It was all eyes open at Fridays , Newark’s Fire Department Training Facility. Every morning at 7:30 a.m., I can hear 35 cadets begin their physical training (running), but at 10:00 a new-featured training element was added, Yoga. Yes Yoga, is part of the training of fire cadet, oddly enough this news brought all the media to watch. But rather then being odd, it is appropriate and a timely inclusion, in a modern program that looks to strengthen the entire cadet.
Debbie Kaminsky, of Newark Yoga Movement, is a trainer of Yoga, and has been instrumental in the spreading of Yoga in Newark. Debbie has been bringing Yoga to Washington Park on Wednesdays, Riverfront Park on Monday’s, and has also been actively involved in bringing Yoga throughout Newark school system. So its is fitting that she bring Yoga to the firemen of Newark as well. In addition to developing agility, stretching, and strength balance techniques, Yoga incorporates breathing techniques and stress management skills. Stress reduction and effective stress management techniques are imperative for both better job performance and better life experience. This belief was echo by it Director, Fateen Ziyad. “Firefighters face unique challenges that are above and beyond ordinary workday stress. Their lifestyle of service brings them in routine contact with highly stressful situations that can have potentially permanent damaging effects on their mental and physical wellbeing. Professional athletes from around the world have been trained using these techniques to compete with calmer breath and slower heart rate, thus increasing endurance and performance, as well as maintaining focus while experiencing greater enjoyment of the process.”
“A common scenario: It is 3 a.m.; the firefighters have had their last run at 11 p.m. Just settling down to an unpredictable amount of sleep the alarm goes off “Attention all units, house fire at 123 Adams St. Caller reports children trapped “. From a semi-‐rested yet semi-‐awake quasi-‐sleep state, the firefighters are up in a flash. Immediately they put on their turn-‐out gear while composing thoughts and focusing on the job as a member of a firefighting team. Their heart racing, breath quickened, senses heightened and adrenaline pumping they climb onto the fire truck. The lights flash on, the doors open and the fire truck roars into a cold dark night with the faint smell of smoke in the early morning air. The firefighter’s physiological response to this common scenario is “The Fight or Flight Response”, an ancient survival response. The body automatically knows how to respond. It is the same physiology that prepared our ancestors to face the threat of a large bear, a hungry tiger, or the sudden discovery of a nearby snake about to strike.” Proper breathy is critical, and Yoga can help.”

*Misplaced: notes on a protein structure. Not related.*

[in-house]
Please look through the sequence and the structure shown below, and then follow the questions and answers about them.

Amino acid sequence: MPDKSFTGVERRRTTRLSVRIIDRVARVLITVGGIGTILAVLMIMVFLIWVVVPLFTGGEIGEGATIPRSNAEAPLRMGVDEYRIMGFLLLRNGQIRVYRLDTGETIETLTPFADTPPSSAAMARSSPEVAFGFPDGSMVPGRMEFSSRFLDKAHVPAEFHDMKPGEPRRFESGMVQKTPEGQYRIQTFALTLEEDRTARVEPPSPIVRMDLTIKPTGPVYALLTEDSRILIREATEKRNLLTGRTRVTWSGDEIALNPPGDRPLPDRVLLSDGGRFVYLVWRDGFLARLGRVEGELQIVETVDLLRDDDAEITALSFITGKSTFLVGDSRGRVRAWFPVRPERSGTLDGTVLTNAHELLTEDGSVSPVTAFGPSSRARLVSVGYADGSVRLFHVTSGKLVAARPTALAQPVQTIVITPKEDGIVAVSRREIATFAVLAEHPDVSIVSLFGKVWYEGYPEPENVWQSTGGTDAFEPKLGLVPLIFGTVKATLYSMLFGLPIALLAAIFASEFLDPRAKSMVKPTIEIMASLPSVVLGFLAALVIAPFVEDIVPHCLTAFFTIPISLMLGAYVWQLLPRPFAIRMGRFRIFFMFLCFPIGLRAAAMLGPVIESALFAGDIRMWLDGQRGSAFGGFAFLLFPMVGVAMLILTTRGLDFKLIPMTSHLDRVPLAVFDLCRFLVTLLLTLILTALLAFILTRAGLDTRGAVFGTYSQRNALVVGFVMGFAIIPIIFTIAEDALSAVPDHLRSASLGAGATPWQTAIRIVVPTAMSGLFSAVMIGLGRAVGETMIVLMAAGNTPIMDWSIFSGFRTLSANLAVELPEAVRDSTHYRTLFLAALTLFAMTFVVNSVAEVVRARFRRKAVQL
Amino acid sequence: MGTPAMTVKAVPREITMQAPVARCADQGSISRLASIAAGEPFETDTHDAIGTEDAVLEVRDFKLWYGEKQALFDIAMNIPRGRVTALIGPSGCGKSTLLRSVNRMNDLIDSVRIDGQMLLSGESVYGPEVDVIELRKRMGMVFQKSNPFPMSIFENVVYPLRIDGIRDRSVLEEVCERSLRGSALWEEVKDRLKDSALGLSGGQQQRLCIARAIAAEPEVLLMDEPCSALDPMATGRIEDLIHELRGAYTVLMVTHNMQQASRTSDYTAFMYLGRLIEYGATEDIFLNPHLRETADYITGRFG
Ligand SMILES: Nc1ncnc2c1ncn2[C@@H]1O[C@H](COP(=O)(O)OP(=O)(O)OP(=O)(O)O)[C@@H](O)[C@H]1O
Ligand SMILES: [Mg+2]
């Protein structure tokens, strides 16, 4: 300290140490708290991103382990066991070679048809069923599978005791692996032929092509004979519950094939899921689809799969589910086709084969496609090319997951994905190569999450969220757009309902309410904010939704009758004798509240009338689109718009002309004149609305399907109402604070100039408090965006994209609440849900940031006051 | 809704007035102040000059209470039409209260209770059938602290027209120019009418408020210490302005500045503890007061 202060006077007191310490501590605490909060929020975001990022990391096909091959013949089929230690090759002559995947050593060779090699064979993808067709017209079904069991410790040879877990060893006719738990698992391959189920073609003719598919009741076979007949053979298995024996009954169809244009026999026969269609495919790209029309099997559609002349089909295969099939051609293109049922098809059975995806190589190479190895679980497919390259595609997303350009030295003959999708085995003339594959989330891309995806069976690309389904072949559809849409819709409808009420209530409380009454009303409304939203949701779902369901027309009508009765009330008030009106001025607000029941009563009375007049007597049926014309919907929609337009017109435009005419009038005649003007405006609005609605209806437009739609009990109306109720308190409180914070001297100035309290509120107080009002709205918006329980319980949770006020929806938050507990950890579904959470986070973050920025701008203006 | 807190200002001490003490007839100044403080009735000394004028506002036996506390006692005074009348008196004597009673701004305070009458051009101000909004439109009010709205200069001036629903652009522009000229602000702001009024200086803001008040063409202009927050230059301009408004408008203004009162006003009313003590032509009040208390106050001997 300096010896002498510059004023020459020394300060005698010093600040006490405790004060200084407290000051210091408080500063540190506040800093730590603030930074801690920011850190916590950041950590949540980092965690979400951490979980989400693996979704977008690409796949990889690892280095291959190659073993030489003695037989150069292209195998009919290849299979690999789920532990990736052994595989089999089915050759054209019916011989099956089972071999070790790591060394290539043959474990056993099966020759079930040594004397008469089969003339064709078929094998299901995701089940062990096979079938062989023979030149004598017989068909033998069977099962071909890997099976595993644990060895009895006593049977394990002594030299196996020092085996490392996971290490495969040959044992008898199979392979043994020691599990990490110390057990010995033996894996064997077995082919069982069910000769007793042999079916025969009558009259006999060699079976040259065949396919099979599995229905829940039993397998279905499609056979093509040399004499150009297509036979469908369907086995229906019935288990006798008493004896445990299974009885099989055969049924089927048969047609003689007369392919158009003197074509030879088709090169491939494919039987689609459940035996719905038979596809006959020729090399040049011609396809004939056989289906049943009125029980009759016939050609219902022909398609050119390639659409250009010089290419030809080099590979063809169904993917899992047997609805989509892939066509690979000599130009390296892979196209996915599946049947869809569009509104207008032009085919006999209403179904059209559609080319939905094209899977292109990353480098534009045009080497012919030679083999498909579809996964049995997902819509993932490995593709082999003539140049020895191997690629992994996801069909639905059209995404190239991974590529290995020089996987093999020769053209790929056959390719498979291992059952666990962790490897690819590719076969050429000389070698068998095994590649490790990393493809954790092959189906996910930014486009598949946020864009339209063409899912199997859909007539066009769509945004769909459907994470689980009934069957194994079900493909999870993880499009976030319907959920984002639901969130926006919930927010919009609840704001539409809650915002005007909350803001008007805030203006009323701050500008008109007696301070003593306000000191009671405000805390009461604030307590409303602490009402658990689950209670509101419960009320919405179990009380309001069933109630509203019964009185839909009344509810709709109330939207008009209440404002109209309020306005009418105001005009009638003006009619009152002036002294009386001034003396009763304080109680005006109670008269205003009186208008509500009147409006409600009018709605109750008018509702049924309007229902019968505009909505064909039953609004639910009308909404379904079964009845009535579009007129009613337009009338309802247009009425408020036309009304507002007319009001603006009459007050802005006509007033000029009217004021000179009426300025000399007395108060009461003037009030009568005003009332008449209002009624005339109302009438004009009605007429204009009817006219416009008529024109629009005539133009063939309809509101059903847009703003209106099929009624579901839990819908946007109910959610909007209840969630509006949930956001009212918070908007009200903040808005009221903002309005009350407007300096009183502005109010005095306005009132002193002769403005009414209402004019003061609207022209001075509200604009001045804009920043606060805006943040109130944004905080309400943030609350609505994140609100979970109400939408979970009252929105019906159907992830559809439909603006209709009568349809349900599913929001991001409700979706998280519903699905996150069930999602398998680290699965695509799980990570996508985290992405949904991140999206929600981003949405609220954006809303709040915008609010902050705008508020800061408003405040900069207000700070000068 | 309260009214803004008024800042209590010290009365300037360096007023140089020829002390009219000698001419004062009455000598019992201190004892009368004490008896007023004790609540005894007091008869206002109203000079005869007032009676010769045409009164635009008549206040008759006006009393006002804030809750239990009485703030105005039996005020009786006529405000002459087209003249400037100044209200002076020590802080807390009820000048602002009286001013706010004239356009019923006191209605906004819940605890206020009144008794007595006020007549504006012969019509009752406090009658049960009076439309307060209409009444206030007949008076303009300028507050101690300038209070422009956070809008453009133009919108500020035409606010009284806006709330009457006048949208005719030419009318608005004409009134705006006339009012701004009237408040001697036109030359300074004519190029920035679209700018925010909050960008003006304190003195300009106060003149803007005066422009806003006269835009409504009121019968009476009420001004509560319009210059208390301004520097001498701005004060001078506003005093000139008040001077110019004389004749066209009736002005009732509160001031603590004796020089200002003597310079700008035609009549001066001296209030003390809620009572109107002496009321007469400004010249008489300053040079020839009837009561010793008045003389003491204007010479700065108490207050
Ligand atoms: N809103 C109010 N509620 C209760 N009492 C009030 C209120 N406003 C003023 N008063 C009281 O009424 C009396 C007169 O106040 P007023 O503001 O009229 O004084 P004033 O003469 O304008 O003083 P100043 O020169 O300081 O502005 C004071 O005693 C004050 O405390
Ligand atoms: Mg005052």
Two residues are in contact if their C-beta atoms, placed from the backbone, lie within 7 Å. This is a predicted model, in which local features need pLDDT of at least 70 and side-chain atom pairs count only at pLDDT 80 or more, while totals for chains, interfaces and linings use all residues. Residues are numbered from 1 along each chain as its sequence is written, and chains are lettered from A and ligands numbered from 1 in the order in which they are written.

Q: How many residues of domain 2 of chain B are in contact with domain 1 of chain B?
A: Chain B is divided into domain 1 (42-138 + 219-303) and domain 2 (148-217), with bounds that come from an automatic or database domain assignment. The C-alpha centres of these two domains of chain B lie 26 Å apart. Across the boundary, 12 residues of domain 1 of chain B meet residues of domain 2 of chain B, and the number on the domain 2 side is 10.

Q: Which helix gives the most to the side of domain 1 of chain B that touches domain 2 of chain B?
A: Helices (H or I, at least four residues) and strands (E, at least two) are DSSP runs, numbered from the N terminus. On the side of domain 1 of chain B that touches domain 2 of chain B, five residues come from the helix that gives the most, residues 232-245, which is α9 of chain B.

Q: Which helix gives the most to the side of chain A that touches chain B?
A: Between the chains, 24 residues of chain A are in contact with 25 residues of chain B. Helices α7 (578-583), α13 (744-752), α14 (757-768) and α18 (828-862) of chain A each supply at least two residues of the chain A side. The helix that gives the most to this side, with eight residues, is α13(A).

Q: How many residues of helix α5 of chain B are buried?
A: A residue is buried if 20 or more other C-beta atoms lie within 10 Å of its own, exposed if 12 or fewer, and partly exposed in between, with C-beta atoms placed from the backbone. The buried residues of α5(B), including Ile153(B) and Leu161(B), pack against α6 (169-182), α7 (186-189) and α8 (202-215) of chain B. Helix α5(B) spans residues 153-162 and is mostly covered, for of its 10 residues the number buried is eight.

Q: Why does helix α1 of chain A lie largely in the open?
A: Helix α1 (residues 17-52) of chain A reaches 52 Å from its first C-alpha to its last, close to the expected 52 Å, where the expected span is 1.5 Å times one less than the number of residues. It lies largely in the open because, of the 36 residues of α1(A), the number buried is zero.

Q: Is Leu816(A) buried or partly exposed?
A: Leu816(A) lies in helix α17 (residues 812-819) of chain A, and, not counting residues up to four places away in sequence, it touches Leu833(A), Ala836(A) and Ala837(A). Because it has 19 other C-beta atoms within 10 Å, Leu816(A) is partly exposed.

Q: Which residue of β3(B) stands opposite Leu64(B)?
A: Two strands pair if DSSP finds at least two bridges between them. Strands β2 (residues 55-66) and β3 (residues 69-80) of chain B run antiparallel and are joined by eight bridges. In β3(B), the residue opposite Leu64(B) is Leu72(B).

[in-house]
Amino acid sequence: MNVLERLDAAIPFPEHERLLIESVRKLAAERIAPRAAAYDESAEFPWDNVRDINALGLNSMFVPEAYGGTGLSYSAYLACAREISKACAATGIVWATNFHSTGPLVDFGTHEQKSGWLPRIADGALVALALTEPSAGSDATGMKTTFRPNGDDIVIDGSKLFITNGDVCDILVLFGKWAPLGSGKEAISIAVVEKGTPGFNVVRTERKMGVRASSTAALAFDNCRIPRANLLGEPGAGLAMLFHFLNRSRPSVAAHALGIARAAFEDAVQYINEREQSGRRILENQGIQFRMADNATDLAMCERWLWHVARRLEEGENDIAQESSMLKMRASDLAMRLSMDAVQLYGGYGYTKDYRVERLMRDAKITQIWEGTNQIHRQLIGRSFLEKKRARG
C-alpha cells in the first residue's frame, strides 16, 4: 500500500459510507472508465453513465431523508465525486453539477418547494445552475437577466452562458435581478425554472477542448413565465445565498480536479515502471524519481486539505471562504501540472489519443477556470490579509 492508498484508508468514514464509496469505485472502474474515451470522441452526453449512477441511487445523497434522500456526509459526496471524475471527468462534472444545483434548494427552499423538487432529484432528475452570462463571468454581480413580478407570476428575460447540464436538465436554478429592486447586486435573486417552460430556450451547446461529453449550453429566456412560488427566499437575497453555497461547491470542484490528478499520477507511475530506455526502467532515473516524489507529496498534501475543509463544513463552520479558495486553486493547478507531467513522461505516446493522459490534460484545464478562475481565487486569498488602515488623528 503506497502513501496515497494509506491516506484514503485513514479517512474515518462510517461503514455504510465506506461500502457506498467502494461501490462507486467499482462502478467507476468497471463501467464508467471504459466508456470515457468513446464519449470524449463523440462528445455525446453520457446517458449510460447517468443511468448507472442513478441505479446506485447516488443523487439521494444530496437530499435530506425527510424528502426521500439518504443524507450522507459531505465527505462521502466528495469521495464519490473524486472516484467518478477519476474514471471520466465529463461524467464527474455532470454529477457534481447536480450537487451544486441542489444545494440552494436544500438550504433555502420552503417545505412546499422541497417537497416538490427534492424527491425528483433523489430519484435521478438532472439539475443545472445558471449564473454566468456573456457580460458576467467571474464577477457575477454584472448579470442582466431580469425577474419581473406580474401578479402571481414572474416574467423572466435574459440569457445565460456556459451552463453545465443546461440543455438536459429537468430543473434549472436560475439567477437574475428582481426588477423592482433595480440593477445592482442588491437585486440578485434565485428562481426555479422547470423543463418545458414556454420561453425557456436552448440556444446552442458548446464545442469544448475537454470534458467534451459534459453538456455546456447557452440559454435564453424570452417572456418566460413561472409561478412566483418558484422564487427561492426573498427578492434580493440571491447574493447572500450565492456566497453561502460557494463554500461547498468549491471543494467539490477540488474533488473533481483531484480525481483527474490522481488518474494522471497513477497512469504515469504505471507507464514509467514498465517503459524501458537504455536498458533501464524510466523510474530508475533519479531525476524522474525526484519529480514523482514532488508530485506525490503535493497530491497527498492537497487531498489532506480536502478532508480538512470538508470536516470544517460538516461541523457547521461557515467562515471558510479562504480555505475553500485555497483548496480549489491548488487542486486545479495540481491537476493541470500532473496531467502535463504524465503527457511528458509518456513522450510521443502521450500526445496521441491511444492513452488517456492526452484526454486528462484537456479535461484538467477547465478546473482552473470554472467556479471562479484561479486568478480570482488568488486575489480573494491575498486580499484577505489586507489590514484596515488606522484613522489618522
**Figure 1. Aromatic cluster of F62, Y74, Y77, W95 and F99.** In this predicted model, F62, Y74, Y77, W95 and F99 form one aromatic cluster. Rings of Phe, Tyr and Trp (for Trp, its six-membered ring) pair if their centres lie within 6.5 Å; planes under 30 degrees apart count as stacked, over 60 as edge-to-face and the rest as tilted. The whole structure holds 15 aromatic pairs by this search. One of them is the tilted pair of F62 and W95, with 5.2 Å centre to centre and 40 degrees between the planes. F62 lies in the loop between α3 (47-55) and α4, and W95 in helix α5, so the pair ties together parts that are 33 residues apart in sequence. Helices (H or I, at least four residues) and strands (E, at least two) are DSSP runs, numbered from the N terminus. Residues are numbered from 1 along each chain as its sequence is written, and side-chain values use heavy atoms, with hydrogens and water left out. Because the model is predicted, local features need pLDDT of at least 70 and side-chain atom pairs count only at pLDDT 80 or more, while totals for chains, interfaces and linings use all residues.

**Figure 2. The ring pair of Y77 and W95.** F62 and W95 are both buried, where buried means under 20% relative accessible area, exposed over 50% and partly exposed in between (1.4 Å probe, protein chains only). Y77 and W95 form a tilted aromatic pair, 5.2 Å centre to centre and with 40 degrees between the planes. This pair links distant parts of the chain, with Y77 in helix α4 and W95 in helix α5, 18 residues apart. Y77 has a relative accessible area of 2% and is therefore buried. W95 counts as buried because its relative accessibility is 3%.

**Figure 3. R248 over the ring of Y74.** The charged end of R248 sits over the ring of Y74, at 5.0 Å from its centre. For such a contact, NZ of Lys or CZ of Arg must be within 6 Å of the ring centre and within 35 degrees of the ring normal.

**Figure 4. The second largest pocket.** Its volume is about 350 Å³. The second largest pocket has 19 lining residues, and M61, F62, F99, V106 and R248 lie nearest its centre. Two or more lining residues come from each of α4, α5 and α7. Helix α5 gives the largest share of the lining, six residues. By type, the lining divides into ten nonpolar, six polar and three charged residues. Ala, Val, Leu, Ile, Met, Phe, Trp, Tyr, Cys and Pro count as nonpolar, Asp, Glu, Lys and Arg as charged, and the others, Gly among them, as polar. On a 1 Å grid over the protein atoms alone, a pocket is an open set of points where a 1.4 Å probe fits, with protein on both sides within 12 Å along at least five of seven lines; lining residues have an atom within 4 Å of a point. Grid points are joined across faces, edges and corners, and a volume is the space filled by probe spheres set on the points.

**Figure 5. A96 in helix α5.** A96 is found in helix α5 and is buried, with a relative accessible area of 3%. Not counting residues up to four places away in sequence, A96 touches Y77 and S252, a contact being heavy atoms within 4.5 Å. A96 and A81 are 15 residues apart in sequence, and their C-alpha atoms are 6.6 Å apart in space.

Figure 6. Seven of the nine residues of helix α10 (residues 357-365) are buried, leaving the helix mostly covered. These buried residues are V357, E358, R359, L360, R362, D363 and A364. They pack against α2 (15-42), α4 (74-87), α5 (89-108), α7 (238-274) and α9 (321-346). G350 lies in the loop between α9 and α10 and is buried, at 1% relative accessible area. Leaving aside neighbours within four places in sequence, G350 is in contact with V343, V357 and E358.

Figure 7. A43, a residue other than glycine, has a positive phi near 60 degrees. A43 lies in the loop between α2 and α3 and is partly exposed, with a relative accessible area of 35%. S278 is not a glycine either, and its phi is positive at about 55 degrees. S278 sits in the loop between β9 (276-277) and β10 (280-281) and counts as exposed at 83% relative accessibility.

Fateen Ziyad has held numerous positions within the department, including but not limited to: Chief of Staff to the Fire Director, Commandant of the Community Relations Division, Affirmative Action Officer, Commandant of the Planning & Research Division, Public Information Officer, Recruitment Officer, Hearing Officer and Executive Officer to the Fire Director. ACP, Communities in Schools, Big Brothers and Big Sisters, Boy Scouts of America and the W.A.R.I.S. Islamic Center.
The cadets will be graduating at the end of August, and then will be assigned to various firehouses thru a series of rotation, and then finally placed in permanent assignments. This is Newark’s 42 class of cadets. Through powerful breathing techniques Yoga offers the firefighter the ability to enter into the rigorous stressful situations of their work and daily life while remaining calm, balanced and focused. Newark Firefighters have found out that Yoga is not about bending into a “pretzel-like” position. It is about a balanced workout and a balanced lifestyle.
Please stay tuned if you enjoy Yoga Global Mala is less than 2 months away!!